@myTerminal A c compiler compiling assembly that runs a javascript compiler that powers an engine that runs the javascript that implements typescript (which compiles down to JavaScript) as well as implementing a browser viewport that processes HTML and CSS down into a graphic rendering of, what effectively is a textarea with some coloring.

All to edit some text.

Progress! 😎

To extend this thought: what I care about is that everyone who uses a program has the Four Freedoms. If you're not running the program, I don't care.

I do not insist that you publish your code online, and I do not insist you distribute it at no cost.

generally we've been finding out
moving along towards making the execution of software routines observable & clearer is better.

we work to make the machine evince it's own rightful tale of itself.

"The new dot com bubble is here: it’s called online advertising" by Jesse Frederik and Maurits Martijn thecorrespondent.com/100/the-n

Really interesting, eye-opening piece. I think the one thing missing is: if eBay stopped buying the "ebay" keyword from Google, sure they'd still be the #1 organic search result. But then wouldn't some competitor (Amazon, Overstock, etc.) immediately buy that same keyword? It's just a tax that every company has to pay Google to secure their spot at the top.

What QUIC says about Google and the Internet 

What QUIC says about Google and the Internet 

Oh Javascript... the hello world exercise from exercism.io just installed 701 packages.. x.x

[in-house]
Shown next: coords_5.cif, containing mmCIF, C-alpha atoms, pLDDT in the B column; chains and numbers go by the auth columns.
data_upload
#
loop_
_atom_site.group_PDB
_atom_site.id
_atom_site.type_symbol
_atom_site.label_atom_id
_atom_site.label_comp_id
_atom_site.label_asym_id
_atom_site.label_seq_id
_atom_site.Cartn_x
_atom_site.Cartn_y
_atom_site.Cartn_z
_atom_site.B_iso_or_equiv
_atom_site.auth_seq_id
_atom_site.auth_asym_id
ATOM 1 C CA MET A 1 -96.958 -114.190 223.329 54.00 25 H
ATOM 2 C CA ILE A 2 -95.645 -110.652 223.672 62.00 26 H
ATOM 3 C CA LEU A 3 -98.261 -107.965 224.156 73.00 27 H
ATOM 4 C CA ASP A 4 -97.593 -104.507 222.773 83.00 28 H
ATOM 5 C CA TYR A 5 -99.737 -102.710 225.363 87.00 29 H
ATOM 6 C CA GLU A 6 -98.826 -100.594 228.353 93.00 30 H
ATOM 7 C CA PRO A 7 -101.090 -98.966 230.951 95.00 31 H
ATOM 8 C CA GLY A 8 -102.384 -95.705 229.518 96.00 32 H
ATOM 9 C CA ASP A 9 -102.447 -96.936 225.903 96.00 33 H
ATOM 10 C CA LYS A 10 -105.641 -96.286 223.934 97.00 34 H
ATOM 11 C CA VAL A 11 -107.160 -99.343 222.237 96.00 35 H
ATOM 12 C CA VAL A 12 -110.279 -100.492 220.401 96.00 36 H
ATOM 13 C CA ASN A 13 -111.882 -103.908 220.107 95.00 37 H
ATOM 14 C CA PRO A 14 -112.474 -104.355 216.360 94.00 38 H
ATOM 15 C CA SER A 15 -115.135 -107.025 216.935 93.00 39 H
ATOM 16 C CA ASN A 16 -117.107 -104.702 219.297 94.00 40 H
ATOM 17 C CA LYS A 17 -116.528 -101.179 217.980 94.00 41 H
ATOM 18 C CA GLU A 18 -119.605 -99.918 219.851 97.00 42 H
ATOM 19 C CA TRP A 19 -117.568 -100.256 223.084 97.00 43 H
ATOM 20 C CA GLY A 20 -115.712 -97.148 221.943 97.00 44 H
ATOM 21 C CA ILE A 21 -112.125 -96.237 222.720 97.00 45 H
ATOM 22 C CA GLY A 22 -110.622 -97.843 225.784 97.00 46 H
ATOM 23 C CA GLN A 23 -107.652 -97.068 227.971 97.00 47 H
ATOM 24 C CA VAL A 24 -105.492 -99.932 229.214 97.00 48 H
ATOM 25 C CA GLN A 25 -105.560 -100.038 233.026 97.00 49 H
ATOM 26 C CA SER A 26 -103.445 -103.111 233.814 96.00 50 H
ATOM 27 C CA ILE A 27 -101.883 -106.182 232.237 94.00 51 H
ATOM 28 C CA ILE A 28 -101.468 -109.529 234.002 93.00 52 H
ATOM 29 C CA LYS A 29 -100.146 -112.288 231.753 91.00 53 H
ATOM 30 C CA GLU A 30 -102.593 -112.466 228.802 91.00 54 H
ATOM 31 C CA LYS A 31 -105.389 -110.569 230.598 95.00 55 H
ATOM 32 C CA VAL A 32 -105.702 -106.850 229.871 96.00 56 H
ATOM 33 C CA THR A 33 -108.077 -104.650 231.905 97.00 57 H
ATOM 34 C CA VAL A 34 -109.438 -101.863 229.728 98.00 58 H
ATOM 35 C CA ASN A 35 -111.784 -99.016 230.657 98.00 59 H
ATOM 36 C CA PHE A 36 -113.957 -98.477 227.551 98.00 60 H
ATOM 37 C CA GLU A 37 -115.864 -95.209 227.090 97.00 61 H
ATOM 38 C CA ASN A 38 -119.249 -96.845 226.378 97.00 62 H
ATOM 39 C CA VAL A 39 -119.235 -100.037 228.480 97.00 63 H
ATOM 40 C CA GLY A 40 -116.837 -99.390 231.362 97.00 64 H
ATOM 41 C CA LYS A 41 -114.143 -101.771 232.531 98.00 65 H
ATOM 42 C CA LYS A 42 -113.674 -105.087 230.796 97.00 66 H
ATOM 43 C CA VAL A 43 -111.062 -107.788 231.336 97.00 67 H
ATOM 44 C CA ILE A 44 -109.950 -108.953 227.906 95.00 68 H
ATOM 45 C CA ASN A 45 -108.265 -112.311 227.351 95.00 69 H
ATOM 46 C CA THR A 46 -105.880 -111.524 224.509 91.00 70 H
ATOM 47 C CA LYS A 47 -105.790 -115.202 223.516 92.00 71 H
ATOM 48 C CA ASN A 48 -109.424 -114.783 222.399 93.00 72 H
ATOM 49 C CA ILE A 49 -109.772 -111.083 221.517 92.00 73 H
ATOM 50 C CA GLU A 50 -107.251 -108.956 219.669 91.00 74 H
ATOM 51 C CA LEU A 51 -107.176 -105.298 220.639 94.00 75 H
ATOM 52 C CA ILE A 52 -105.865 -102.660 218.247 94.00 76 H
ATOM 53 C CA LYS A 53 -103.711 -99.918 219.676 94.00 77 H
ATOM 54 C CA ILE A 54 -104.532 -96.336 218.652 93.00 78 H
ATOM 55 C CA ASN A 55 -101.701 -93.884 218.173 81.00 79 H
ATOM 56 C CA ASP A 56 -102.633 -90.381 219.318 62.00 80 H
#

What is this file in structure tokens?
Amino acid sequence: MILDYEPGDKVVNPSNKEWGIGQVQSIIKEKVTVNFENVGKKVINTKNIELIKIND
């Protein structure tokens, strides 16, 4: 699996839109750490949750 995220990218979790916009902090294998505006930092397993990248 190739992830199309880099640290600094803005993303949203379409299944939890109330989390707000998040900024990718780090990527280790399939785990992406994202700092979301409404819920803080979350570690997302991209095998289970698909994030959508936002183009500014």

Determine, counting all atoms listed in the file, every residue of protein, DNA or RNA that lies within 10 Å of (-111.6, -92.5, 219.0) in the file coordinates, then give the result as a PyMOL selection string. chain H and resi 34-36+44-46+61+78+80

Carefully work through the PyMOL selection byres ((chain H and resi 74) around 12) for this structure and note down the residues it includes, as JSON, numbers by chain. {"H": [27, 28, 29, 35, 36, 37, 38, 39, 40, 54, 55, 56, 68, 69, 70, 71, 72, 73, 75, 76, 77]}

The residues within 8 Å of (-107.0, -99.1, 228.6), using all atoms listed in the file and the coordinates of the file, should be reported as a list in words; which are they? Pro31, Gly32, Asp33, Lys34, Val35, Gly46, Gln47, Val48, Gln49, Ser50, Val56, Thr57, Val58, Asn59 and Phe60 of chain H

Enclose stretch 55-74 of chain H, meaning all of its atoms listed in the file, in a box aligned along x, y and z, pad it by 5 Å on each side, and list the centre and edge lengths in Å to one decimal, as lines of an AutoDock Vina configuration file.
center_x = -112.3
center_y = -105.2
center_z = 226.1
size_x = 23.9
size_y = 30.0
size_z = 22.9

~/exercism/javascript/hello-world$ npm install

added 701 packages from 383 contributors and audited 20019 packages in 24.503s
found 63 low severity vulnerabilities
run `npm audit fix` to fix them, or `npm audit` for details

`drm_agp_unbind` looks up the memory in the allocated linked-list, and (if similarly compile-time enabled) calls a bridge driver method, and removes it from the bound linked-list. All of which also happens upon freeing this memory.

Fin, for now.

But one question: why's Accelerated Graphics Protocol treated specially by Direct Rendering Media?

`drm_agp_free` looks the memory up in that linked list, unbinds it if necessary (which, if C macro enabled, calls the appropriate bridge method & removes it from a linked-list), removes it from that linked-list, and frees it both on the GPU (via a choice of 5 bridge methods or done CPU-side, if similarly C macro enabled) and the CPU (via kfree).

`drm_agp_bind` looks up the memory in the allocated linked-list, (if enabled) calls some bridge driver methods, and adds it to a bound linked-list.

`drm_agp_release` verifies that the device has been acquired, atomically decrements that use count, and unsets that acquired flag.

`drm_agp_enable` sets some properties & calls a method on the bridge's driver.

`drm_agp_info` copies version, mode, aperture, memory, and device identifier infos from the device's `agp->agp_info` structure over into a passed-in pointer.

`drm_agp_alloc` allocates from the GPU's RAM (check memsizes, call 3 methods, or CPU allocate) and tracks this in a linked list.

The FidoNet chapter from BBS: The Documentary (2004) is I think required viewing for fediverse admins.

Bulletin board services (BBSes) were pre-web online communities with forums, mail, games, etc. FidoNet was/is basically a volunteer-run federation layer that let BBSes communicate with each other.